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Somalia: Somalia Art / Culture Profile 2012






Solomon Islands Art / Culture Profile 2012


Nearly all Somalis speak the same language, Somali which belongs to a set of languages called lowland Eastern Cushitic spoken by peoples living in Ethiopia, Somalia, Djibouti, and Kenya. Eastern Cushitic is one section of the Cushitic language family, which in turn is part of the great Afro-Asiatic stock.

The main Somali dialect which is the most widely used is Common Somali, a term applied to several subdialects, the speakers of which can understand each other easily. Common Somali is spoken in most of Somalia and in adjacent territories (Ethiopia, Kenya, and Djibouti), and is used by broadcasting stations in Somalia.

Facility with language is highly valued in Somali society; the capability of a suitor, a warrior, or a political or religious leader is judged in part by his verbal adroitness. In such a society, oral poetry becomes an art, and one's ability to compose verse in one or more of its several forms enhances one's status. Speakers in political or religious assemblies and litigants in courts traditionally were expected to use poetry or poetic proverbs. Even everyday talk tended to have a terse, vivid, poetic style, characterized by carefully chosen words, condensed meaning, and alliteration.

In the pre-revolutionary era, English became dominant in the school system and in government. However, the overarching issue was the development of a socioeconomic stratum based on mastery of a foreign language. The relatively small proportion of Somalis (less than 10 percent) with a grasp of such a language--preferably English--had access to government positions and the few managerial or technical jobs in modern private enterprises. Such persons became increasingly isolated from their nonliterate Somali-speaking brethren, but because the secondary schools and most government posts were in urban areas the socioeconomic and linguistic distinction was in large part a rural-urban one.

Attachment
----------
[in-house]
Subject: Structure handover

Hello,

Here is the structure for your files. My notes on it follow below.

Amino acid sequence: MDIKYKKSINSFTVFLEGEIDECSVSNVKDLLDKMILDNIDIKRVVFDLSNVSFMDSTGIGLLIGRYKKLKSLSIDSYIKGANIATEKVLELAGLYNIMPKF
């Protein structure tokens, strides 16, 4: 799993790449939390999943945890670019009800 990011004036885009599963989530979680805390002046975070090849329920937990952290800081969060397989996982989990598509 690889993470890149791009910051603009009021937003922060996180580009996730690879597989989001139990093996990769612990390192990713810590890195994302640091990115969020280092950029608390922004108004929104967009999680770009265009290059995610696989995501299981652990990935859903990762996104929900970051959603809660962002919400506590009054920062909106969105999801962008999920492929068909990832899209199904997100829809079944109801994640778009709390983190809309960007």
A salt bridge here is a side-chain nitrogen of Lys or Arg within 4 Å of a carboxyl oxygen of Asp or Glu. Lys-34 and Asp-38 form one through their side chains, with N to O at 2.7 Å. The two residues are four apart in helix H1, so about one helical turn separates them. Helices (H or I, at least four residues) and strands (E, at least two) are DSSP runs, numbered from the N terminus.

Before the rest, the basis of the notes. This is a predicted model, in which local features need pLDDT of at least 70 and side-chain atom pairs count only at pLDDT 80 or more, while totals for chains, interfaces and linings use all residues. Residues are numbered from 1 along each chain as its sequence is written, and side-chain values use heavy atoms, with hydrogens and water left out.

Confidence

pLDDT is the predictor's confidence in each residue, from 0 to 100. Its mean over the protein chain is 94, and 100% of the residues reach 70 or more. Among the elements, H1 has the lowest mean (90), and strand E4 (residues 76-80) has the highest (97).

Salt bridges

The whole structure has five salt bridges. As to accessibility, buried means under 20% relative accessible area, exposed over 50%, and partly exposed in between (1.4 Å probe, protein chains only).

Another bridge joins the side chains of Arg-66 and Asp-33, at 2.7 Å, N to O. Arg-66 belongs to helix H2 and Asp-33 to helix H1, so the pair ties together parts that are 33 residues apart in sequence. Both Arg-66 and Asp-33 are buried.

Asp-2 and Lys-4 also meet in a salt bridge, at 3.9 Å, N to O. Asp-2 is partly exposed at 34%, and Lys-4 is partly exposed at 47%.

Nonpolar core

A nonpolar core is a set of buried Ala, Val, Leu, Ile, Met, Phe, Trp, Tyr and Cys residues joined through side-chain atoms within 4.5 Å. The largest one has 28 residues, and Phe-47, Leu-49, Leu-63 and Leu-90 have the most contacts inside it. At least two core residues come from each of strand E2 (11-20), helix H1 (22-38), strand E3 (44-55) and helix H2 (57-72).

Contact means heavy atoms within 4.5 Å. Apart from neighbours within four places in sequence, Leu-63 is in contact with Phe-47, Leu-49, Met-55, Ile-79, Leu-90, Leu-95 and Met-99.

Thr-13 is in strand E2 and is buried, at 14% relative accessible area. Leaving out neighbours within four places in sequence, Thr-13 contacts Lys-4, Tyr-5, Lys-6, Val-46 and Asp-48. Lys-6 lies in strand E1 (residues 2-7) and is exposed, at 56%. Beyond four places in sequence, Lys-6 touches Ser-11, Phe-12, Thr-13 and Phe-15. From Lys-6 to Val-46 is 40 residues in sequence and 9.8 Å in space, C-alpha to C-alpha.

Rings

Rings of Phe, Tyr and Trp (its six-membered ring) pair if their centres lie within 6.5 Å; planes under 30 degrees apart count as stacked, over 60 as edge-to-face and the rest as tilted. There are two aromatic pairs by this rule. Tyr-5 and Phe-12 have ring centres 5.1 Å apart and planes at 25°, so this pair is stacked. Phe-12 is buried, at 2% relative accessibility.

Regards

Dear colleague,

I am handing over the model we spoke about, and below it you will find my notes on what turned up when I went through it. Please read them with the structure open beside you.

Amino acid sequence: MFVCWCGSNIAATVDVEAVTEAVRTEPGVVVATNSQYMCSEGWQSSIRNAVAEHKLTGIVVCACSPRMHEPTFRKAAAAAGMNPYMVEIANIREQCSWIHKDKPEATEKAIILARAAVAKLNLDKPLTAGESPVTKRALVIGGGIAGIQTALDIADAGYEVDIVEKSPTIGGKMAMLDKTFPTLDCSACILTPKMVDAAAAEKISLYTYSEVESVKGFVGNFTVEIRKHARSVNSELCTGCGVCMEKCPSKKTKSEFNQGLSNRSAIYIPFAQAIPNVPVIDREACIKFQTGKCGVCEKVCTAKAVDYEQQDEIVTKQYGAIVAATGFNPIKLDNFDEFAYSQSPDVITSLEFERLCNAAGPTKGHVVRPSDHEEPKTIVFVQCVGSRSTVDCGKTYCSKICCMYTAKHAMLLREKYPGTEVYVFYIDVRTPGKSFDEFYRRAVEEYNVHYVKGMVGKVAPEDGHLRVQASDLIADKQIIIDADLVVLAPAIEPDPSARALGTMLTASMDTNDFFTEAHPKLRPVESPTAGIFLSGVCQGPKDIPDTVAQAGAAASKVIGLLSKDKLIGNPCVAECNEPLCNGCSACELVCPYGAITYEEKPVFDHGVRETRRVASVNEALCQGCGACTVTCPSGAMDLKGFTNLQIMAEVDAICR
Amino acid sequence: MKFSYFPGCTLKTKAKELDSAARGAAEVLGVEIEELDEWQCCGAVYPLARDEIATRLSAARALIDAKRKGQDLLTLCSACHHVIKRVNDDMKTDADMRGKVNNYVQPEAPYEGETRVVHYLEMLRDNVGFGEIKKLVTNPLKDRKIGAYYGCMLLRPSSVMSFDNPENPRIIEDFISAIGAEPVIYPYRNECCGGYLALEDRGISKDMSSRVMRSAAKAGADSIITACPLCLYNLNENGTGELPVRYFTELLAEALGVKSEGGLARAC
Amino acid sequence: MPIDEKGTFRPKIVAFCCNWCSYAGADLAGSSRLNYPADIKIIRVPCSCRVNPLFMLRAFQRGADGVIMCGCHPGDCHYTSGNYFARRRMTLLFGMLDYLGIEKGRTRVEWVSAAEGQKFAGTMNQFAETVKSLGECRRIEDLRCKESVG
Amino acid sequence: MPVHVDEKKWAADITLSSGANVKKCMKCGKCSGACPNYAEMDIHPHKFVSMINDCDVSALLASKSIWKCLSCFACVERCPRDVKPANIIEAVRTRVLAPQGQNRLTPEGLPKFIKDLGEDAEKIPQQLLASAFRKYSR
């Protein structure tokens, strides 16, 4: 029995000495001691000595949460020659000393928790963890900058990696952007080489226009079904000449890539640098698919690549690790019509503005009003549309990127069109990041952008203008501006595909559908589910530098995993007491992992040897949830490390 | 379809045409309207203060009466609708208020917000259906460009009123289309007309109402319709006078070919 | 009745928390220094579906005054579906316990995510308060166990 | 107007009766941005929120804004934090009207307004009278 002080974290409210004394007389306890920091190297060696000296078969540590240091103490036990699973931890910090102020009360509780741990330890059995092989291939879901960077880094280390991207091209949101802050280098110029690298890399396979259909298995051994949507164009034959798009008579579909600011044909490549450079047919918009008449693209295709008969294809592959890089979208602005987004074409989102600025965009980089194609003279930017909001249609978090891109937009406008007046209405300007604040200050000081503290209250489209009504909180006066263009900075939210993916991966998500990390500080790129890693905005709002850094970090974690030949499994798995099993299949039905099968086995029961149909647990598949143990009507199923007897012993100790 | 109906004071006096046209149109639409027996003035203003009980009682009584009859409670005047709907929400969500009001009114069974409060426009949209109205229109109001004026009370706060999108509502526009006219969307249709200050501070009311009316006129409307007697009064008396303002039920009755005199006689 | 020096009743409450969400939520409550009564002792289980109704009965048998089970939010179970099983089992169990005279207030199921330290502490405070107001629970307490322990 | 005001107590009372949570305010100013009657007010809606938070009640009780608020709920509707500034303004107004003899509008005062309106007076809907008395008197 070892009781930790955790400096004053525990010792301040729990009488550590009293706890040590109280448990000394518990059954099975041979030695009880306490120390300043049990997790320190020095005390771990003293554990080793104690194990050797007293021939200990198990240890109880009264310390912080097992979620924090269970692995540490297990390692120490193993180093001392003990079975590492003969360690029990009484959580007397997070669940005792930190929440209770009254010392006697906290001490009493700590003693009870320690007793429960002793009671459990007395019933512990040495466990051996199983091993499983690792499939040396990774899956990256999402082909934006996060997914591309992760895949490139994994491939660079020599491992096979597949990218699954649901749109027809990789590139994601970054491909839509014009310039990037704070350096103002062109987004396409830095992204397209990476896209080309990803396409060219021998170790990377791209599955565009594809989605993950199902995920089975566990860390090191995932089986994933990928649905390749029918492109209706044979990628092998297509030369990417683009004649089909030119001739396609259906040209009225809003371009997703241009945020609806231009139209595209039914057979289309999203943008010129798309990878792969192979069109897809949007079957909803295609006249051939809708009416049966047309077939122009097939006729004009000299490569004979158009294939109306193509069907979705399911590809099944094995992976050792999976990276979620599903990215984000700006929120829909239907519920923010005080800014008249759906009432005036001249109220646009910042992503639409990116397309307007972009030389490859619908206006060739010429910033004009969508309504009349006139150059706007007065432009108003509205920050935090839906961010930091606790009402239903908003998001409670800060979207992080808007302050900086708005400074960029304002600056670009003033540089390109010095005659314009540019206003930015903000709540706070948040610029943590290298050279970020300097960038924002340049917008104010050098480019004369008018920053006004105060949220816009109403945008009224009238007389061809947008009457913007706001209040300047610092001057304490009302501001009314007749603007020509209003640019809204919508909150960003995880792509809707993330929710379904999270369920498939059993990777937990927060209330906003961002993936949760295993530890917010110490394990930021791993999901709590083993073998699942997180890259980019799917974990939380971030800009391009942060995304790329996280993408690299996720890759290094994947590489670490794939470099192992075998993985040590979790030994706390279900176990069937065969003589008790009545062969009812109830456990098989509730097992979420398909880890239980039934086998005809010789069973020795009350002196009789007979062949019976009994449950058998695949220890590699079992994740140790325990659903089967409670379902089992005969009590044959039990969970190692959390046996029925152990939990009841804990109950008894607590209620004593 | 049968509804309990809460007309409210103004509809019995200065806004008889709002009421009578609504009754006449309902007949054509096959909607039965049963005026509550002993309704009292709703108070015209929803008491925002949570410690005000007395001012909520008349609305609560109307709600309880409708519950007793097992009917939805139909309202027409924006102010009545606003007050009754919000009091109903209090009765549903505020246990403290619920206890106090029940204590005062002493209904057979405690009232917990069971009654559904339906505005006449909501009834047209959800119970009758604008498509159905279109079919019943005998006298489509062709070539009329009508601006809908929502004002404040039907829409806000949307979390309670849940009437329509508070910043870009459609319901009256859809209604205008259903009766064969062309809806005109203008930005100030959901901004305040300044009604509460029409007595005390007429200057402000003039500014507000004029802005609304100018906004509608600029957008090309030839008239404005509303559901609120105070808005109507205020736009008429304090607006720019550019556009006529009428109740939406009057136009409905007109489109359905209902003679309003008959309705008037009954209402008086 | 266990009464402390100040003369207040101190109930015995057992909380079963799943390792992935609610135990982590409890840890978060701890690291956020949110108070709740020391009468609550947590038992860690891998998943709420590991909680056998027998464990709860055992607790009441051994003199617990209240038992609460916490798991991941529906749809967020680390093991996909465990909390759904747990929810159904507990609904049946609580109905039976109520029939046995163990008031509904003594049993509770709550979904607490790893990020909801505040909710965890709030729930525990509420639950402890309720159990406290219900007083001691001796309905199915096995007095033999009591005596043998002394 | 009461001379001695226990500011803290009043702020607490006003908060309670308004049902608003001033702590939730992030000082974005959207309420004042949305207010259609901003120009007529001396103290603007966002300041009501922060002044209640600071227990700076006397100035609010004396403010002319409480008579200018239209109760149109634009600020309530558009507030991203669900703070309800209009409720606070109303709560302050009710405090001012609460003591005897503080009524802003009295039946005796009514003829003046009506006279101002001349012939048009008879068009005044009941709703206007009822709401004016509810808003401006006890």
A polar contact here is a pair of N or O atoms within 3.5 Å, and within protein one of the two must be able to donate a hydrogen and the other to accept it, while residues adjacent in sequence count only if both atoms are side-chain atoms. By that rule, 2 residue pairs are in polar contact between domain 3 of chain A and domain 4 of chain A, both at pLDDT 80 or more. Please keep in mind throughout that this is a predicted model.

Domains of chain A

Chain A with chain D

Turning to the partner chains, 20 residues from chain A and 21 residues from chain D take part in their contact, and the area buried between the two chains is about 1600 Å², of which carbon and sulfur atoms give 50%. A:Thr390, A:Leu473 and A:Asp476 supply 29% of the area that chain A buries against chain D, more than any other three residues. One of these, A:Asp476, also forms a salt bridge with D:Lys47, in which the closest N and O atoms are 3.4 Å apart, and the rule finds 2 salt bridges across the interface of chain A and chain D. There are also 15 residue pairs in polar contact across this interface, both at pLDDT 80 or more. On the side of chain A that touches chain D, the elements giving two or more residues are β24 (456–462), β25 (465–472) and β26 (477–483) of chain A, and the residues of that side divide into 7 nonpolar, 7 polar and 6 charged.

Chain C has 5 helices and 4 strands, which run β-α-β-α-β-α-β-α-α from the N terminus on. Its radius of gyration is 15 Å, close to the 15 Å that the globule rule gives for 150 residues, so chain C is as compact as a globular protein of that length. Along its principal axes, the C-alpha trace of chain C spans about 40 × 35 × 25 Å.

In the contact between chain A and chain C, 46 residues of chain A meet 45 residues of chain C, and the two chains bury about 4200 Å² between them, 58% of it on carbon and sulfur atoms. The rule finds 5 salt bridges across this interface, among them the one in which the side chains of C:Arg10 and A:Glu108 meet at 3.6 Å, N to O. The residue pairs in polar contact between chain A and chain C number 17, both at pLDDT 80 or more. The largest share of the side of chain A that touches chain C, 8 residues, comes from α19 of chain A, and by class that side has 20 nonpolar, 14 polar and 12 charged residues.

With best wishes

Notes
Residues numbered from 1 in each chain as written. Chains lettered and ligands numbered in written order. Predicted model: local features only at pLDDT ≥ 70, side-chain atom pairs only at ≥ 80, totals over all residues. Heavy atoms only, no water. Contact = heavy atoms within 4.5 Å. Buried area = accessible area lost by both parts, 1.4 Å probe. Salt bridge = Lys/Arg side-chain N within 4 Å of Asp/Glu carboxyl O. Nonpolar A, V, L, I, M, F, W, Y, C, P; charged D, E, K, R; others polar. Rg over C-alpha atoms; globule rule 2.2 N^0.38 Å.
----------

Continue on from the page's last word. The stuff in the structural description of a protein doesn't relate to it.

Even before the 1969 revolution, Somalis had become aware of social stratification and the growing distance, based on language and literacy differences, between ordinary Somalis and those in government. The 1972 decision to designate an official Somali Latin script and require its use in government demolished the language barrier and an important obstacle to rapid literacy growth.

In the years following the institution of the Somali Latin script, Somali officials were required to learn the orthography and attempts were made to inculcate mass literacy--in 1973 among urban and rural sedentary Somalis, and in 1974-75 among nomads. Although a few texts existed in the new script before 1973, in most cases new books were prepared presenting the government's perspective on Somali history and development. Somali scholars also succeeded in developing a vocabulary to deal with a range of subjects from mathematics and physics to administration and ideology.


It is estimated that northern Somalis began converting to Islam around the 7th century.